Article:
EBITA ($, MM) 290.8 491.9 618.1 794.0 1,037.0 2,435.0
EBITDA Margin (%) 6.0% 8.0% 8.7% 9.0% 9.0% 9.5%
EBITA Margin (%) 4.6% 6.6% 7.1% 7.5% 7.5% 8.1%

Note: Value Lines numbers for 1999-2004 are estimates. This is why Gateway's 1999 EBITA margins reported to the SEC (see above) do not agree with the Value Line estimates.


How Do We Estimate A Company's Future Operating Profit Margin?

We can estimate a company's future operating profit margin using one of four  methods:

1. Detailed analysis. An example of a detailed analysis can be seen in Expectations Investing. Specifically, on pages 96 and 97, we analyze Gateway's historical operating margins. We use this historical analysis as a starting point for our estimate of a company's future operating margin. We explain the reasoning behind our estimate of Gateway's future operating profit margins on page 99.

2. Value Line. As we showed above, Value Line's company-specific Investment Surveys offer data points that we can use to infer EBITA margins (%) in the past and future. In the absence of a detailed analysis, we find Value Line's projections to be a reasonable place to start your margin analysis.

3. Wall Street reports. Analysts in the investment community write detailed reports, often accompanied by detailed historical and projected financial information. If you can obtain these reports, they may offer helpful information in your Price-Implied Expectations Analysis.

4. Companies. With the advent of Regulation Fair Disclosure (FD), companies can no longer selectively disclose financial projections to Wall Street analysts or buy-side investors. Thus, companies are increasingly publishing their "guidance" on future financial metrics when they report quarterly earnings. Searching a company's investor relations web site may prove fruitful.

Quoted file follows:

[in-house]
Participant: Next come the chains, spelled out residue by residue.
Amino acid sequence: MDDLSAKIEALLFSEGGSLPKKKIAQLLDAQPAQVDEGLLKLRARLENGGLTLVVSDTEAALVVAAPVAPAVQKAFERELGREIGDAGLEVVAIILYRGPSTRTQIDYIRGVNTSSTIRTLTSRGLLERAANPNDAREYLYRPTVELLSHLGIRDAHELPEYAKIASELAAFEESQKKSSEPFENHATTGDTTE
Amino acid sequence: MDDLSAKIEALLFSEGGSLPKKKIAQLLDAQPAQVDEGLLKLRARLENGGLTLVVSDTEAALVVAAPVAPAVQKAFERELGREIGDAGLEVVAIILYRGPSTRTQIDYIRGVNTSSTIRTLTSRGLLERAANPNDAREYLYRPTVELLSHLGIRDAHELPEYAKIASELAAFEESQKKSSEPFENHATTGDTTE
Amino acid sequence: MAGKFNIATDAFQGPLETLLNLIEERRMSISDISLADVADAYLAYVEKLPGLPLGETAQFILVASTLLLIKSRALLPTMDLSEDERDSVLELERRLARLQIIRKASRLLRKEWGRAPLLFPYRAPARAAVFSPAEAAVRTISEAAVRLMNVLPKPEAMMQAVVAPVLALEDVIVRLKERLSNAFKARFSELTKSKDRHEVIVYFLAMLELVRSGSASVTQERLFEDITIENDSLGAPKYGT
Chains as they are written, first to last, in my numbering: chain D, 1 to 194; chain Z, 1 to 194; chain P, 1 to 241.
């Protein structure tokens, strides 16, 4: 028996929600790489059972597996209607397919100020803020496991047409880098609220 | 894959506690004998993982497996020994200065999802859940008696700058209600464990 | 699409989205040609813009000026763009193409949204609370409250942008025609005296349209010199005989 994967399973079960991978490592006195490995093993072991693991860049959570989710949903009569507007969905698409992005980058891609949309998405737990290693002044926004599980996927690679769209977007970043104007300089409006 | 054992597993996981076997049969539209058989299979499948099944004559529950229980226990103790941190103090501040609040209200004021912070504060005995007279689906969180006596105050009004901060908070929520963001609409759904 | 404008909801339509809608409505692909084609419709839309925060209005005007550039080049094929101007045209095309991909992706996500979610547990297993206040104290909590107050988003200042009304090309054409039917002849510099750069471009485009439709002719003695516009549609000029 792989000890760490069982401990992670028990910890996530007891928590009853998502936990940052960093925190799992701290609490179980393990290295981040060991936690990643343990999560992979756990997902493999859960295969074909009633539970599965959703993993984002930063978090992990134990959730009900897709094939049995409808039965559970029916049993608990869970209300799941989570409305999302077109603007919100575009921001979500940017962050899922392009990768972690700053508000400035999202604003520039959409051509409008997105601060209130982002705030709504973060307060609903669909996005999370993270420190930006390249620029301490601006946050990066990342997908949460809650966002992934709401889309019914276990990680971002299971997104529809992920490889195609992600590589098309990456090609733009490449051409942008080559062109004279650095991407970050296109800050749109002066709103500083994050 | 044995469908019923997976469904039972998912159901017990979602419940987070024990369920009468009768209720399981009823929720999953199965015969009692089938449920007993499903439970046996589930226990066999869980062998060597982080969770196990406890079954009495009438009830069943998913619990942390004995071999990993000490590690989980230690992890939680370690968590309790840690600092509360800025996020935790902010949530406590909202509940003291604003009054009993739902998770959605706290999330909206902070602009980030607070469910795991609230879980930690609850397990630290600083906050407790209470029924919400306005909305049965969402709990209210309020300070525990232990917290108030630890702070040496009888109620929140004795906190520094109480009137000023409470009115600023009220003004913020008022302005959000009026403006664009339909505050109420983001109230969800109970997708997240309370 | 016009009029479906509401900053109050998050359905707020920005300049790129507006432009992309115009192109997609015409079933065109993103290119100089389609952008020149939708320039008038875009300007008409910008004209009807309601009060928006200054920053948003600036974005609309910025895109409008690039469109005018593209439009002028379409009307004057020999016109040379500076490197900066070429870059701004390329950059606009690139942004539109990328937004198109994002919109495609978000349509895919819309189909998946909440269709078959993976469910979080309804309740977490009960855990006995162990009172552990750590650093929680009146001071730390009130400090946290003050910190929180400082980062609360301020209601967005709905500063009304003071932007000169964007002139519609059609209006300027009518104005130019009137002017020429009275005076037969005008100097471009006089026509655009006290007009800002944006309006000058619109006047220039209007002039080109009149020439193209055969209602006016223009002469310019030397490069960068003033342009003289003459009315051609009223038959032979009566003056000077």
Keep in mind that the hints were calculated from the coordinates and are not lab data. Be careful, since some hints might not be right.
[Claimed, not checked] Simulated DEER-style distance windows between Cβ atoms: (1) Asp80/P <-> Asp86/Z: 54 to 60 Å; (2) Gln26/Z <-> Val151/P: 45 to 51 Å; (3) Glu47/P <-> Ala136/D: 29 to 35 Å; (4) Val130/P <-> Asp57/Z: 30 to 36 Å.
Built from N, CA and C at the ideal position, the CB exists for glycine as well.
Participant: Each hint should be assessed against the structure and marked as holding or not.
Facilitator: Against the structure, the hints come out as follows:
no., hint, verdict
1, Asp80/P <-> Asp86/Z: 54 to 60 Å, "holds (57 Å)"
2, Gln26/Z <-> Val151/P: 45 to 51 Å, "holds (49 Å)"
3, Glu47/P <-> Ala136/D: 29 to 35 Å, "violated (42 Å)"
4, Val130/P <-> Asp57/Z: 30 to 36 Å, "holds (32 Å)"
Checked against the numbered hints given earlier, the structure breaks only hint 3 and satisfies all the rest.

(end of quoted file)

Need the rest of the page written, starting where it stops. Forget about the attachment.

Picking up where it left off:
Sidebar: Amortization of Goodwill

We can also reverse expenses associated with Gateway's annual amortization of goodwill associated with mergers and acquisitions. For example, we can infer the size of this expense in 1999--buried in the SG&A line--by looking at the relevant table in Gateway's 1999 10-K:

1998 1999
Accumulated amortization of intangibles ($, MM)  $   (25.3)  $   (38.9)

Using these two numbers, we can infer that Gateway expensed the difference between these two amounts, or $13.6 million, in goodwill amortization in 1999. Because this is a non-cash charge that has no economic counterpart, we should add this amount back to Gateway's operating profits. In this case, however, Gateway's annual goodwill amortization of $13.6 million only represents 16 basis points of net sales. Thus, we can safely ignore this adjustment in this case study.

However, please note that in cases where a company has done a lot of acquisitions, intangible amortization expenses can significantly affect operating profit margin calculations. Also, please note that goodwill amortization rules have been recently been modified by the Financial Accounting Standards Board (FASB).